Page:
Lamin Cham, the editor-in-chief of Standard newspaper, yesterday, 8 July, 2019 testified before the Truth, Reconciliation and Reparations Commission (TRRC), chaired by Dr. Lamin J. Sise.
Lamin Cham, born on 27 April, 1965 in Kolior village in the Lower River Region attended London School of Journalism at Bush House in the United Kingdom.
He joined the Daily Observer in 1992 and was editor-in-chief between April 2003 and October, 2005. He was also a sports editor, freelance sports reporter for GRTS and the BBC.
Lamin Cham told the Commission the role of journalist is to serve as watchdog of the society, saying journalists are the eyes and ears of the public. He added that journalists are agents of communication between the government and those who are governed.
Mr. Cham disclosed that before the 1994 coup, the press was relatively free in the Gambia compared with the Jammeh era, disclosing that the first most serious adversary against the press was the Daily Observer by the AFPRC junta.
He revealed that the junta relied on the Daily Observer for information at the time before the advent of television station in the country.
He further revealed that Jammeh called journalists illegitimate sons of Africa and he cited an instance where Sana Sabally came to Daily Observer premises in a convoy and military officers occupied every nook and cranny of the company and he requested to see the proprietor and editor-in chief, Kenneth Best.
Mr. Cham told the Commission a publication in one of the editions of Daily Observer, when the juntas published a list of parliamentarians who they alleged had taken loans and the reaction of Manjanko Samusa, an opposition parliamentarian refuting the AFPRC claims.
The witness disclosed that in October, 1994, Kenneth Best was first arrested and detained in a secret location in Kartong and was deported in November, 1994.
He told the Commission how the AFPRC posted immigration officials to Daily Observer premises to screen foreign journalists and he mentioned a number of individuals that were arrested and deported.
He mentioned journalists like Ellicot Seade, Chikeluba Kenechukwu, Rodney Shea who were deported and journalists like Justice Fofana, Alieu Badara Sherrif who left the country.
Lamin Cham told the Commission that in May, 1999, he received information that Daily Observer had been sold to Amadou Samba who was believed to be a close ally of the junta. He revealed that the editor-in-chief, Baba Galleh Jallow resigned on principle that he couldn't work with the Daily Observer and he left and established the Independent newspaper.
Lamin Cham disclosed that editorial did all the best to maintain the independence of the paper but the juntas were not happy with the likes of Demba A. Jawo who was very critical of the junta and he eventually got sacked in 1999.
He told the Commission that the then managing director, Sarian Ceesay was removed and replaced by Buba Baldeh and the Daily Observer experienced direct interference on the editorial. He told the Commission that Buba Baldeh was cautioned that the Daily Observer would not carry stories from the opposition like stories from Lamin Waa Juwara, who was the propaganda secretary of the UDP.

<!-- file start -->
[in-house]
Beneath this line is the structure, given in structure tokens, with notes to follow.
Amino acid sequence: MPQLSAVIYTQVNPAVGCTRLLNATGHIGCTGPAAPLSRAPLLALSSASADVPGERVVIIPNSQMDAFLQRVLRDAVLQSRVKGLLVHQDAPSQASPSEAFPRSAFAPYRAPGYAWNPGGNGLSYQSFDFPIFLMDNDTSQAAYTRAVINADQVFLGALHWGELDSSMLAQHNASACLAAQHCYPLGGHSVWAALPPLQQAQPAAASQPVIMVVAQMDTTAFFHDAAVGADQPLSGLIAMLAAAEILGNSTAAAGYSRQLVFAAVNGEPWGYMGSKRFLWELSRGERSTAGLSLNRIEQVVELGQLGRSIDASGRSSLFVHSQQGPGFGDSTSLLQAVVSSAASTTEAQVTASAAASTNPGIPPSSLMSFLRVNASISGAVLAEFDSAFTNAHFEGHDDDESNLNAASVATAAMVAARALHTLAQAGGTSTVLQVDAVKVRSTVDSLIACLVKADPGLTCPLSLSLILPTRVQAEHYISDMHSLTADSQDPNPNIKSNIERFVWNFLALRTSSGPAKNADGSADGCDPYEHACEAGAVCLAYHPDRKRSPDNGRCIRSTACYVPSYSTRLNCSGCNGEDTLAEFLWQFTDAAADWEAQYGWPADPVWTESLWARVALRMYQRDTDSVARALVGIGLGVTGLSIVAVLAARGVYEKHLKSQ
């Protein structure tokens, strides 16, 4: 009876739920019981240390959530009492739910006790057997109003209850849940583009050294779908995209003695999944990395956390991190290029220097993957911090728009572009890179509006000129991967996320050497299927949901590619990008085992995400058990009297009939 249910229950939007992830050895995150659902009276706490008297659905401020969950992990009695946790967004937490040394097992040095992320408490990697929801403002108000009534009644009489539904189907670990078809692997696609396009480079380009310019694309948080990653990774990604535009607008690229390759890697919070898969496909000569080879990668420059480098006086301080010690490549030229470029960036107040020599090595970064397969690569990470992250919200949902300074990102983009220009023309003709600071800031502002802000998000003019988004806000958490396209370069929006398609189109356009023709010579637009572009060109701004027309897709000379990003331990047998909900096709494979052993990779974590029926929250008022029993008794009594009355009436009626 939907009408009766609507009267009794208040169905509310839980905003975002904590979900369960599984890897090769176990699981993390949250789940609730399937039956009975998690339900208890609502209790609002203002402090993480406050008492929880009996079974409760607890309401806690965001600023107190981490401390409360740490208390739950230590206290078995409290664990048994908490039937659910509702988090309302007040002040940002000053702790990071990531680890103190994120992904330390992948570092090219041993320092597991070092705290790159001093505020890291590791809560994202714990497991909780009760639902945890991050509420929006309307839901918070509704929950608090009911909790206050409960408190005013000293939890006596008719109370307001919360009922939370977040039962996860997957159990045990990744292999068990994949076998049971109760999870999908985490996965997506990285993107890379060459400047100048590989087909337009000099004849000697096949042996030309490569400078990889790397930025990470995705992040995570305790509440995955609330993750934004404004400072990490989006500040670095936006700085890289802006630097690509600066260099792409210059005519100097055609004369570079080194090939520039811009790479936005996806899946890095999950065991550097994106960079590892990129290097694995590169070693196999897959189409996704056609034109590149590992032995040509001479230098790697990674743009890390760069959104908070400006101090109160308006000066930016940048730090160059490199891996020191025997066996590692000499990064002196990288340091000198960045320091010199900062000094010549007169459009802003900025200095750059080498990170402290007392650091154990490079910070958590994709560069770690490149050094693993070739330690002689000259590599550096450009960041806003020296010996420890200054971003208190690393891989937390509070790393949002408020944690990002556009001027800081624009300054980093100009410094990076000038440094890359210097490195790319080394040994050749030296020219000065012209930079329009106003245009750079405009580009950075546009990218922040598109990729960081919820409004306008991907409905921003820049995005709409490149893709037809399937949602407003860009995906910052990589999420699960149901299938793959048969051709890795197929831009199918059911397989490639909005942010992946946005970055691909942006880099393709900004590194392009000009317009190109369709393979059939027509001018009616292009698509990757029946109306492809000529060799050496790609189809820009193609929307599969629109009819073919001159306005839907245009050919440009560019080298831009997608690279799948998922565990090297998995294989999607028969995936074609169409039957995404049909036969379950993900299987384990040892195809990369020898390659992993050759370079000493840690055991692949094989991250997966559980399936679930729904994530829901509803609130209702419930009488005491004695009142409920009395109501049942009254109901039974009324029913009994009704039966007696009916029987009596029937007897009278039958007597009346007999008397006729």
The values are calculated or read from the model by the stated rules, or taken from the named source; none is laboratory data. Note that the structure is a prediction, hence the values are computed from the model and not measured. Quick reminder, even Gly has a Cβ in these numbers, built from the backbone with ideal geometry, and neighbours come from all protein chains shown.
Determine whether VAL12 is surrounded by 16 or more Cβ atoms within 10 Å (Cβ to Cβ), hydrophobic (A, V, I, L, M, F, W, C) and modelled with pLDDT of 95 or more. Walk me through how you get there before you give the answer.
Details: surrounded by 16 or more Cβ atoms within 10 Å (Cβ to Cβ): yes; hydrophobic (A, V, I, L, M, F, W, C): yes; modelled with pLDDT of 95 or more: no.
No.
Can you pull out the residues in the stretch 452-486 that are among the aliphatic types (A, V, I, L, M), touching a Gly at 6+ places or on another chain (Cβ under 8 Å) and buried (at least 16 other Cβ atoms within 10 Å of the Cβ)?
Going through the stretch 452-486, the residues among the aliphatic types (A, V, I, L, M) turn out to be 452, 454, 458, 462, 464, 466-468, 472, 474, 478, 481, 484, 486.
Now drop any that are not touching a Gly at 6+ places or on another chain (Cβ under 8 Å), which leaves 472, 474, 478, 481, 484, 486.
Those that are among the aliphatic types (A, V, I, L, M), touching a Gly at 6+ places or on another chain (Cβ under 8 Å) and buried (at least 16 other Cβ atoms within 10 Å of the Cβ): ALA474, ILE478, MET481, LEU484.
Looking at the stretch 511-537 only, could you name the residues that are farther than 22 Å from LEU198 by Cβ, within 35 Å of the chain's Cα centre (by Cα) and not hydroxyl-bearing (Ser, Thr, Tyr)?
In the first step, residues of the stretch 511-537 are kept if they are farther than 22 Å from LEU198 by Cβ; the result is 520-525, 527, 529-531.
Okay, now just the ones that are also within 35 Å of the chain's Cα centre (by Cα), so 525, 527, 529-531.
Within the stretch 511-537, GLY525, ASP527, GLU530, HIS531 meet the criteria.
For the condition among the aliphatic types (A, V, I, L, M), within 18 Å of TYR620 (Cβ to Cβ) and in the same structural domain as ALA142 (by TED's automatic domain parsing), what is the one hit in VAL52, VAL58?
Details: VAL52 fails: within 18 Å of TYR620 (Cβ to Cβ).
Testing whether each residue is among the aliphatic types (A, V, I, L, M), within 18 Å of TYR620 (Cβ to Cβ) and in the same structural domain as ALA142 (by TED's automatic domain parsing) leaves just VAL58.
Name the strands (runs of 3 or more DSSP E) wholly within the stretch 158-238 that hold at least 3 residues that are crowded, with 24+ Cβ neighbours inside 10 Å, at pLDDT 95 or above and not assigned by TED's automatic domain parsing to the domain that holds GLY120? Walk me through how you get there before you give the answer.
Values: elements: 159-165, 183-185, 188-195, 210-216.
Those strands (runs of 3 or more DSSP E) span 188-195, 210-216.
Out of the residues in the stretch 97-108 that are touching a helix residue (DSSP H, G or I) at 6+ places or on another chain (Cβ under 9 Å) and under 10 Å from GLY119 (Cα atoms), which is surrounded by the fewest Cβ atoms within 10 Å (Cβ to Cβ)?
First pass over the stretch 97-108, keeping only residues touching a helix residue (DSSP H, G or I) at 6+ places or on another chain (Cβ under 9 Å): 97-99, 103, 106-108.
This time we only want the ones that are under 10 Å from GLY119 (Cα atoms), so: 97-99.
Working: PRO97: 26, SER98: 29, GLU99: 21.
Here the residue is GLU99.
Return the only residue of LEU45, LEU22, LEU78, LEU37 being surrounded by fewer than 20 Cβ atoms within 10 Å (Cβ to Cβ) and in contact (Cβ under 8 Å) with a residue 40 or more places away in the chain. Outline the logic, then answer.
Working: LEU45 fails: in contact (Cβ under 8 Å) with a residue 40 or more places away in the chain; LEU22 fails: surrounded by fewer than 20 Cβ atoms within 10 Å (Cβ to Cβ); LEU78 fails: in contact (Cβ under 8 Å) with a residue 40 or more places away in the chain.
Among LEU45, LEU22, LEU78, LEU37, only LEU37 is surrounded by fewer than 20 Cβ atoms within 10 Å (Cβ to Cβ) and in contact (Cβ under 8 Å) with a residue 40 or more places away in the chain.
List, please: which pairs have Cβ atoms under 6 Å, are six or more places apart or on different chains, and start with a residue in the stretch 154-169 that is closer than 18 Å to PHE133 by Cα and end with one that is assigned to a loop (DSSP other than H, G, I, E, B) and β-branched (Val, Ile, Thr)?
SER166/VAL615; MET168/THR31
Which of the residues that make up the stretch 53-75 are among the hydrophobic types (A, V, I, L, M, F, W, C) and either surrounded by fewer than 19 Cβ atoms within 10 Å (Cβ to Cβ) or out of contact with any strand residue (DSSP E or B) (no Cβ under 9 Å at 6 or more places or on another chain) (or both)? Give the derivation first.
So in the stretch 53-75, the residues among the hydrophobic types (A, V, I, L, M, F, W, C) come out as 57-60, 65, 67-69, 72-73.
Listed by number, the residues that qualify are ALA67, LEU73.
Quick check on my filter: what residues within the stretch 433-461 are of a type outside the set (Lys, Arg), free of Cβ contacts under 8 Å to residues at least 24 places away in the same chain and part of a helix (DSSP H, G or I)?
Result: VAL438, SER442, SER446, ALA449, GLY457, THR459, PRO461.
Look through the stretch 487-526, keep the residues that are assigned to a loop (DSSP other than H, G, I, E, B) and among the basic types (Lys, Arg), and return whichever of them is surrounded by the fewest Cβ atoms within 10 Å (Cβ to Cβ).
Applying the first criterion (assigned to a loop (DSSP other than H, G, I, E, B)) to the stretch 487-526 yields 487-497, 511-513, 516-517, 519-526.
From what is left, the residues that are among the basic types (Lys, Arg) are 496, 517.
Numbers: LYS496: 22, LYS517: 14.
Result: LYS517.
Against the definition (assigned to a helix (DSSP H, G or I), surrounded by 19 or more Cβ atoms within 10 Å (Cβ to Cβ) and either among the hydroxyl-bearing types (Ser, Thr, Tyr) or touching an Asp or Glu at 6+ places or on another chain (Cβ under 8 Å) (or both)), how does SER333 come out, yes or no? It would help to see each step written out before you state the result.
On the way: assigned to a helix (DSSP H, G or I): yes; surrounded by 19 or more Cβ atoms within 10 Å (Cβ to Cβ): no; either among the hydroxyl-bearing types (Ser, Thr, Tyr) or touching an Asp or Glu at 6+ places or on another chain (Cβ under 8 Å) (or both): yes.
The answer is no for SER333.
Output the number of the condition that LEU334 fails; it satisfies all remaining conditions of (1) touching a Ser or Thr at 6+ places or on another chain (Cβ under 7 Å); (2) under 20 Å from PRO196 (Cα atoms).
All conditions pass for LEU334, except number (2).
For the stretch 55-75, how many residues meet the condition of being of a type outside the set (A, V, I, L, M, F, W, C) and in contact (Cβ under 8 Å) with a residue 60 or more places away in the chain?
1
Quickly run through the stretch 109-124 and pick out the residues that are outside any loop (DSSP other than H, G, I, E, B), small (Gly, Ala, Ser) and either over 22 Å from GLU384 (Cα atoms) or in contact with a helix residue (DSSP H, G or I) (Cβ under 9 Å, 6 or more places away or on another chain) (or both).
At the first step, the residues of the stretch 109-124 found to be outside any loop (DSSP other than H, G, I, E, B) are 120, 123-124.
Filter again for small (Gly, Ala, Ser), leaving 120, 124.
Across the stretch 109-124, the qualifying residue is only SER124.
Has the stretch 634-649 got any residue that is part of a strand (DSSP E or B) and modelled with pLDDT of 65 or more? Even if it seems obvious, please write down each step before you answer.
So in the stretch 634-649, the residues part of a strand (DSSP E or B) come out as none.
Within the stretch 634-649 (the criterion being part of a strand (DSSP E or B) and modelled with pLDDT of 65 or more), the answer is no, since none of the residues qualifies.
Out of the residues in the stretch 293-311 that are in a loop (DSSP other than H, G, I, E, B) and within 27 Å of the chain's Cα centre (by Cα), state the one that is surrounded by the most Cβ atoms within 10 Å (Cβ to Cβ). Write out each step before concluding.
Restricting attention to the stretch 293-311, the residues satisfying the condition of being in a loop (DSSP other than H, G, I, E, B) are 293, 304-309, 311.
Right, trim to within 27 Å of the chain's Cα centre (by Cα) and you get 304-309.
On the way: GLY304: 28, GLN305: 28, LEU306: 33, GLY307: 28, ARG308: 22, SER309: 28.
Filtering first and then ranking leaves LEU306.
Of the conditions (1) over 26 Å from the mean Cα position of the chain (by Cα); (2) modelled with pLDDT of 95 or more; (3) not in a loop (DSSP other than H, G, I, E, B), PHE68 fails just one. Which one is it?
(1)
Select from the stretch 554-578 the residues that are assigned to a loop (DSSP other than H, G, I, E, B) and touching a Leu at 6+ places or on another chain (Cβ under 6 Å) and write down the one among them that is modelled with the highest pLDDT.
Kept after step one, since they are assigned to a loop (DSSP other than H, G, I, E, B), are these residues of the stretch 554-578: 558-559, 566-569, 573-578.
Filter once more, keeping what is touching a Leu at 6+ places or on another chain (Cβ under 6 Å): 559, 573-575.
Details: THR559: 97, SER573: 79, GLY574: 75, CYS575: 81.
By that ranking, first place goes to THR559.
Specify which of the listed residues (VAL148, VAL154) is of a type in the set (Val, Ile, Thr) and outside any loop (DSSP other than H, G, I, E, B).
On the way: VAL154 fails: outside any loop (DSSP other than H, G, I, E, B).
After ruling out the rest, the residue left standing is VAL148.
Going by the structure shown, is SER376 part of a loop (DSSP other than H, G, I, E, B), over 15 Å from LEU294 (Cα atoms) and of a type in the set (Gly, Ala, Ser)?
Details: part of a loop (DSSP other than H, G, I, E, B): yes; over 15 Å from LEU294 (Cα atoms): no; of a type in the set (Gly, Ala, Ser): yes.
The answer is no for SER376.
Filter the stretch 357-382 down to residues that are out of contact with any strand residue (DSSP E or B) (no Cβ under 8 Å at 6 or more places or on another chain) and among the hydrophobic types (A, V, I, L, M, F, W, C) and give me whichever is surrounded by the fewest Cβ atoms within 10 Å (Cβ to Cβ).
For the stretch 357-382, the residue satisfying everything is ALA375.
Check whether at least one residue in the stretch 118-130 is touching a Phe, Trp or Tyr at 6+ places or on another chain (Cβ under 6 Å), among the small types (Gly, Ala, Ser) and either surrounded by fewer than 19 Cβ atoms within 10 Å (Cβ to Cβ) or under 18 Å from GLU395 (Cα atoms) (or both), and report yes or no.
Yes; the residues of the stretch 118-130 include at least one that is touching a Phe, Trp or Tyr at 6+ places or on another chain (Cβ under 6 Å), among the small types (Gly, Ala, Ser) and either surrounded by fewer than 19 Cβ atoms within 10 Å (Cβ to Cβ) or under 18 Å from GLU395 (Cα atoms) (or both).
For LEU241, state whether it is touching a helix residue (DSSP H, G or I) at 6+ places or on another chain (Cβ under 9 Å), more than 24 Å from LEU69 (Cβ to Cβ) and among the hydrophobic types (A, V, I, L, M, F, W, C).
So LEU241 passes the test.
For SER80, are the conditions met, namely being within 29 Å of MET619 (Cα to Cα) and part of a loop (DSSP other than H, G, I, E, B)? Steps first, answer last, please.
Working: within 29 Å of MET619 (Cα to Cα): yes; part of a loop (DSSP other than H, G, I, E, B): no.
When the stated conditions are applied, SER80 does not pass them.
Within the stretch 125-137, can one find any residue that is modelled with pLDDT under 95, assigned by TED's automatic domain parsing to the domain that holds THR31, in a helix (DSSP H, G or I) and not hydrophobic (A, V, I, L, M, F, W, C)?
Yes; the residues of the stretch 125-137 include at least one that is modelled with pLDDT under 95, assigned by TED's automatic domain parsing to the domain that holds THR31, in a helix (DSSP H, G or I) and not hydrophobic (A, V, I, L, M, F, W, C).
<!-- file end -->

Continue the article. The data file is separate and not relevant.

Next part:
He said Jammeh and some civil servants expressed hatred for journalists and that Jammeh never believed that journalists have a role to play in good governance. Mr. Cham told the Commission that journalism was the most oppressed profession under Jammeh regime, adding that the killing of Deyda Hydara in December, 2004 was the turning point in journalism in the Gambia.
Lamin Cham disclosed that he was arrested on the 30 May, 2006 in Serekunda and taken to the Police headquarters in Banjul and then to the NIA headquarters in Banjul.
He said he was questioned as to his relationship with Pa Nderry M'bai and the freedom online Newspaper at the NIA conference room after he had been beaten and tortured by 8 soldiers led by Tumbul Tamba and Musa Jammeh alias Malianmungo.
Lamin Cham told the Commission that he had sustained injuries all over his body and was bleeding profusely. He said the deputy director of NIA, Mohammed Hydara told him to cooperate with them or else the men would come back for him.
He revealed that he met journalist like Malick Mboob, Lamin Fatty, Honourable Duto Kammasso, (APRC) Member of Parliament at the NIA headquarters.
He stated that Tumbul Tamba had told him that Ebrima Sillah, current minster of Information and Communication, the then BBC correspondent and he were the principal suspects for sending information outside The Gambia.
Lamin Cham told the Commission that the effect of his arrest and detention was devastating, noting that he had fear to stay in the country and decided to leave the country.
Lamin Cham revealed that he returned to the country in 2012 and enjoined the current leadership in the country that never again should journalists be subjected to arrest and detention.
"No Lamin Cham would be sent to the NIA, No Deyda Hydara would be killed, No Chief Manneh would disappear and I thank my colleagues in the profession for standing their ground and believing in the principles of the profession," he declared.